The Michigan Daily - Monday, September 22, 2001 - 7A
Regent: Hazn, dikzigare
Continued from Pag a1A
"Alcohol is a problem that enrolls every fall but
" never graduates, he said. He added that many of the
other problems facing the Greek community, such as
hazing and assaults, stem from alcohol.
Deloian said he believes the problems began
when fraternities and sororities "strayed from
fundamental values and principles."
Greek life became a social outlet, and core
ethics were lost, he said.
"Last year college students spent S5.5 billion
on alcohol," Deloian said. "That's more than
> :,food, more than books."
H-e also said a disrespect for others has led to
an increase in hazing and assault, despite the
,. ,;">values Greeks should have for brotherhood and
"If we believe in friendship, why do we haze
'\ our future members?" Deloian asked. "The neg-
ative influences will always overshadow the pos-
itive things we do."
,>\>. :., Although many chapters are becoming alco-
-..hol-free and chapters claim not to haze, nothing
'& ' has been solved because these polices are not
v<enforced, University Regent David Brandon (R-
\>: Ann Arbor) said in his address at the Summit
"It's easy to say we're going to make another
policy," he said. "Policies aren't going to fix this
fBrandon, the first University regent to ever
address a Greek audience, said nine fraternities
have closed in the last year due to risk manage-
JONATHON TRIEST/Daily ment incidents - all of them hazing or alcohol-
Panhellenic Association President Stephanie Deal, an LSA senior, brainstorms with related -- and many of the fraternity houses
members of the Greek community during the 2001 Greek Summit this weekend. have unsanitary living conditions. He said it is
no surprise that membership has dropped 13 per-
cent in the last 10 years.
Brandon said the Greek system is crumbling
because of a total lack of supervision and con-
trol. He said he would not support any plan for
University intervention with funding or assis-
tance until he was convinced that there was
going to be something different about the future.
"Real reform must take place to save the
whole Greek system," Brandon said.
From his perspective as a community member
and someone who values the University's image,
Phi Gamma Delta alum Phelps Connell said
Brandon's viewpoint really struck home.
Connell said a need for reform was obvious to
both students and alumni planning the event.
The summit was originally planned to be a one-
day event, but was expanded to Friday and Sat-
"We had that many issues to talk about," Con-
nell said. The summit established a partnership
among students in Greek system and among the
alumni and the University.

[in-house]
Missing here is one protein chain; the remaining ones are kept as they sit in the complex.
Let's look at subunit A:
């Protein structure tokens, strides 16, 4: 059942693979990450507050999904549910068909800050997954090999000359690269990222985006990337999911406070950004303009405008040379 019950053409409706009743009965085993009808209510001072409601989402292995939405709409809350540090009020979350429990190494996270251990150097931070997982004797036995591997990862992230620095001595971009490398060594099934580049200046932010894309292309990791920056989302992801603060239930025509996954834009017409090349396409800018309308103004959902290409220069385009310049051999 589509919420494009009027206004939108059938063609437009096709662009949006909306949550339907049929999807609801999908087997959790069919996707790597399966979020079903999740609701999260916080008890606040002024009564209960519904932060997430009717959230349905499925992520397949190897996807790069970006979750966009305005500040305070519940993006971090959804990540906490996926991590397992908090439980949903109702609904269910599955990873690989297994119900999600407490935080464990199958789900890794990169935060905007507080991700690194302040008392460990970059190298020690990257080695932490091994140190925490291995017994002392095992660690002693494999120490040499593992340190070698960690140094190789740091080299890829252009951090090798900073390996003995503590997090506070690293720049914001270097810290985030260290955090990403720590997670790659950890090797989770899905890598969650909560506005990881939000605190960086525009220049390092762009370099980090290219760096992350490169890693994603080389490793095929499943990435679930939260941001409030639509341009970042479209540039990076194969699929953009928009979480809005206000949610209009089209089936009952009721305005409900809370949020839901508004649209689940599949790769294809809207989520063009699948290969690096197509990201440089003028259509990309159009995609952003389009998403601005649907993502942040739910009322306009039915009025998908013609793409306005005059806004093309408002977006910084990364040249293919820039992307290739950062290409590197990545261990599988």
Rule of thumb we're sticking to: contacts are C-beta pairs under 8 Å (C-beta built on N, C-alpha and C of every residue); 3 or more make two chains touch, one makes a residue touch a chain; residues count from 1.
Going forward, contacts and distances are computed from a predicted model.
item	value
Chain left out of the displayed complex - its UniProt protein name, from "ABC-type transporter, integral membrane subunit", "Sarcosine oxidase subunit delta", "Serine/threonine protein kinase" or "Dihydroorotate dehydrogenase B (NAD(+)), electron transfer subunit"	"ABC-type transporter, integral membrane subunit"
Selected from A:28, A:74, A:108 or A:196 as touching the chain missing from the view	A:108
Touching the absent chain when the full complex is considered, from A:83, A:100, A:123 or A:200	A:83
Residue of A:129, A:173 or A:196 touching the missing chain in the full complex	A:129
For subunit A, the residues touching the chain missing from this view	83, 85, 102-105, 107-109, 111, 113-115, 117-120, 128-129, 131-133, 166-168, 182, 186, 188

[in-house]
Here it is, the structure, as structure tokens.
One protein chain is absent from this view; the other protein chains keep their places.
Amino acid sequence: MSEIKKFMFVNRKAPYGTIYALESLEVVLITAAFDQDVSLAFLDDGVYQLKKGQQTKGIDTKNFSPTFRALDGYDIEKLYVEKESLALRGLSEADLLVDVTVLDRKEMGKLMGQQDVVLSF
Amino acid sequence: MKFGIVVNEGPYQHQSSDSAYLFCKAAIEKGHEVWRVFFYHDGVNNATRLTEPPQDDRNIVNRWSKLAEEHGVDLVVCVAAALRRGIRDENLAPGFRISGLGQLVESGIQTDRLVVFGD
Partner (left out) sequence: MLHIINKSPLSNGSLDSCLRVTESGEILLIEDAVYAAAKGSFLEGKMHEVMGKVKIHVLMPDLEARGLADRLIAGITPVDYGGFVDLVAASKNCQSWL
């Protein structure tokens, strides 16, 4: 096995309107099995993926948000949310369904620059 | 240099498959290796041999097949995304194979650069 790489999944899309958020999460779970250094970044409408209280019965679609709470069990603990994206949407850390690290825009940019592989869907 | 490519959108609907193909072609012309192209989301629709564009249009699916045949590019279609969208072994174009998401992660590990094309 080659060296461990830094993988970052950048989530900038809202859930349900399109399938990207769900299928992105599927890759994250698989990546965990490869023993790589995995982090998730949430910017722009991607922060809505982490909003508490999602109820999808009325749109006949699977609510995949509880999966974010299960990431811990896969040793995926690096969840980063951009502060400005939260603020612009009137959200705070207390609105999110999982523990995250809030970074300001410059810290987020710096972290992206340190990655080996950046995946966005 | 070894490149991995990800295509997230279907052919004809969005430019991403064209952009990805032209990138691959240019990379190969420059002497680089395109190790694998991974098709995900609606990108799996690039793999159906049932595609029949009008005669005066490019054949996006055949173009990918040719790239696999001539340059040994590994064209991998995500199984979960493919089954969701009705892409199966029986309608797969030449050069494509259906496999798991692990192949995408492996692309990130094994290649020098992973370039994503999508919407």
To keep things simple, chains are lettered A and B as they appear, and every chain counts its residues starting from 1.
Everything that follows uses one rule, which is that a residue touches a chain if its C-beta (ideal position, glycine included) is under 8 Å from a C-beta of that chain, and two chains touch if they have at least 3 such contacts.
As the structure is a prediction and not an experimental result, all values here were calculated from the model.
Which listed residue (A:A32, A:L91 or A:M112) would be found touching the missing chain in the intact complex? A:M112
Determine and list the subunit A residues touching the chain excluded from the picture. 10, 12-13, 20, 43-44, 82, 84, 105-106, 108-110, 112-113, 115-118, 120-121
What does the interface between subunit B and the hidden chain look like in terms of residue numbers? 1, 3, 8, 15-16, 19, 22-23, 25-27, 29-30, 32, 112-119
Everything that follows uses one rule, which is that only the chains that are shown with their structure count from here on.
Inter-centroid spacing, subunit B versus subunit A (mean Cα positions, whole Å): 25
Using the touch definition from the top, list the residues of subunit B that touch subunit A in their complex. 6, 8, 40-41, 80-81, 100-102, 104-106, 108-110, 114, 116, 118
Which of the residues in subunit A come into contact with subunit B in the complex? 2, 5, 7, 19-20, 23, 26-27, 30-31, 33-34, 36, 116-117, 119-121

"It's going to take all of us for this to work,"
Two student representatives from each frater-
nity and sorority attended the discussion ses-
sions, and some worked on committees with
alumni to prepare reports about the problems
within Greek life.
Recruitment and property management were
also major concerns students raised while plan-
ning for the summit. These problems have led to
some fraternity closings and an overall decrease
in alumni involvement and donations to Greek
"Alumni involvement is important to secure a
positive future for the Greek community," Seiler
Alumni do not want to provide financial sup-
port for their chapter houses because they do not
like the image of their sorority or fraternity,
Greek leaders on campus spoke in a panel dis-
cussion at the summit and talked about the ini-
tiatives they have taken to confront the inherent
problems within the Greek system. The creation
of a Multicultural Greek Council has helped to
meet the needs of students who have faced dis-
crimination in sororities and fraternities based
on history, Dean of Students Frank Cianciola
"People come to this campus wanting to be
with their own," Multicultural Greek Council
President J.R. Ramos said.
Interfraternity Council President Mark
Hustvedt said many fraternities are reorganizing
and are becoming alcohol-free.
Deloian said sorority members need to stick to
the guidelines set by their national offices and
their chapters, since they are key to the success
of alcohol-free events.
"Panhellenics are strong. I don't think they
know the power they have in the Greek system"
he said. le added that fraternities will follow
suit if sorority members force them to stick to
Hustvedt said a hazing task force has been
created to ensure confidentiality so students are
more comfortable in reporting incidents of haz-
Cianciola said the Greek system is not the
only community which hazes its members. Haz-
ing occurs in athletics and in bands, but Ciancio-
la said the Greek system is an easy target, in
part because of its reputation.
Continued from Page 1A
arguments arose between students over
the need for affirmative action and the
mission of BAMN.
Many unconvinced students had
come to the rally to hear Jackson's and
the protesters' opinions.
"I find it healthy that both sides get
to voice their opinion," said LSA
junior Orion Bylsma. "This sort of
thing is an opening for dialogue.".
"I am ambivalent right now and I'm
hoping this will show me some more
of the story," said LSA freshman Max
Speaking before Jackson was Shan-
ta Driver from BAMN, which has been
gathering supporters to rally in Cincin-
nati tomorrow; the original date of the
next phase of the lawsuits against the
University's use of affirmative action
The court date has been moved to
Dec. 6 to accommodate a panel of nine
"We cannot be a country that
includes so many people but leaves
our best universities only open to those
who are white, who are men, who are
* privileged," said Driver. "To have real
multiculturalism, we must have inte-
"Our goal in Cincinnati is to maxi-
mize the amount of support and pres-
sure that we can put on those judges so
that they can make the right decision,"
said LSA junior Agnes Aleobua.
Continued from Page IA
reflection of my opinion of Dean
White," Maynard said.
Other regents said White's selection
is the best decision for the University.
"I believe there is zero empirical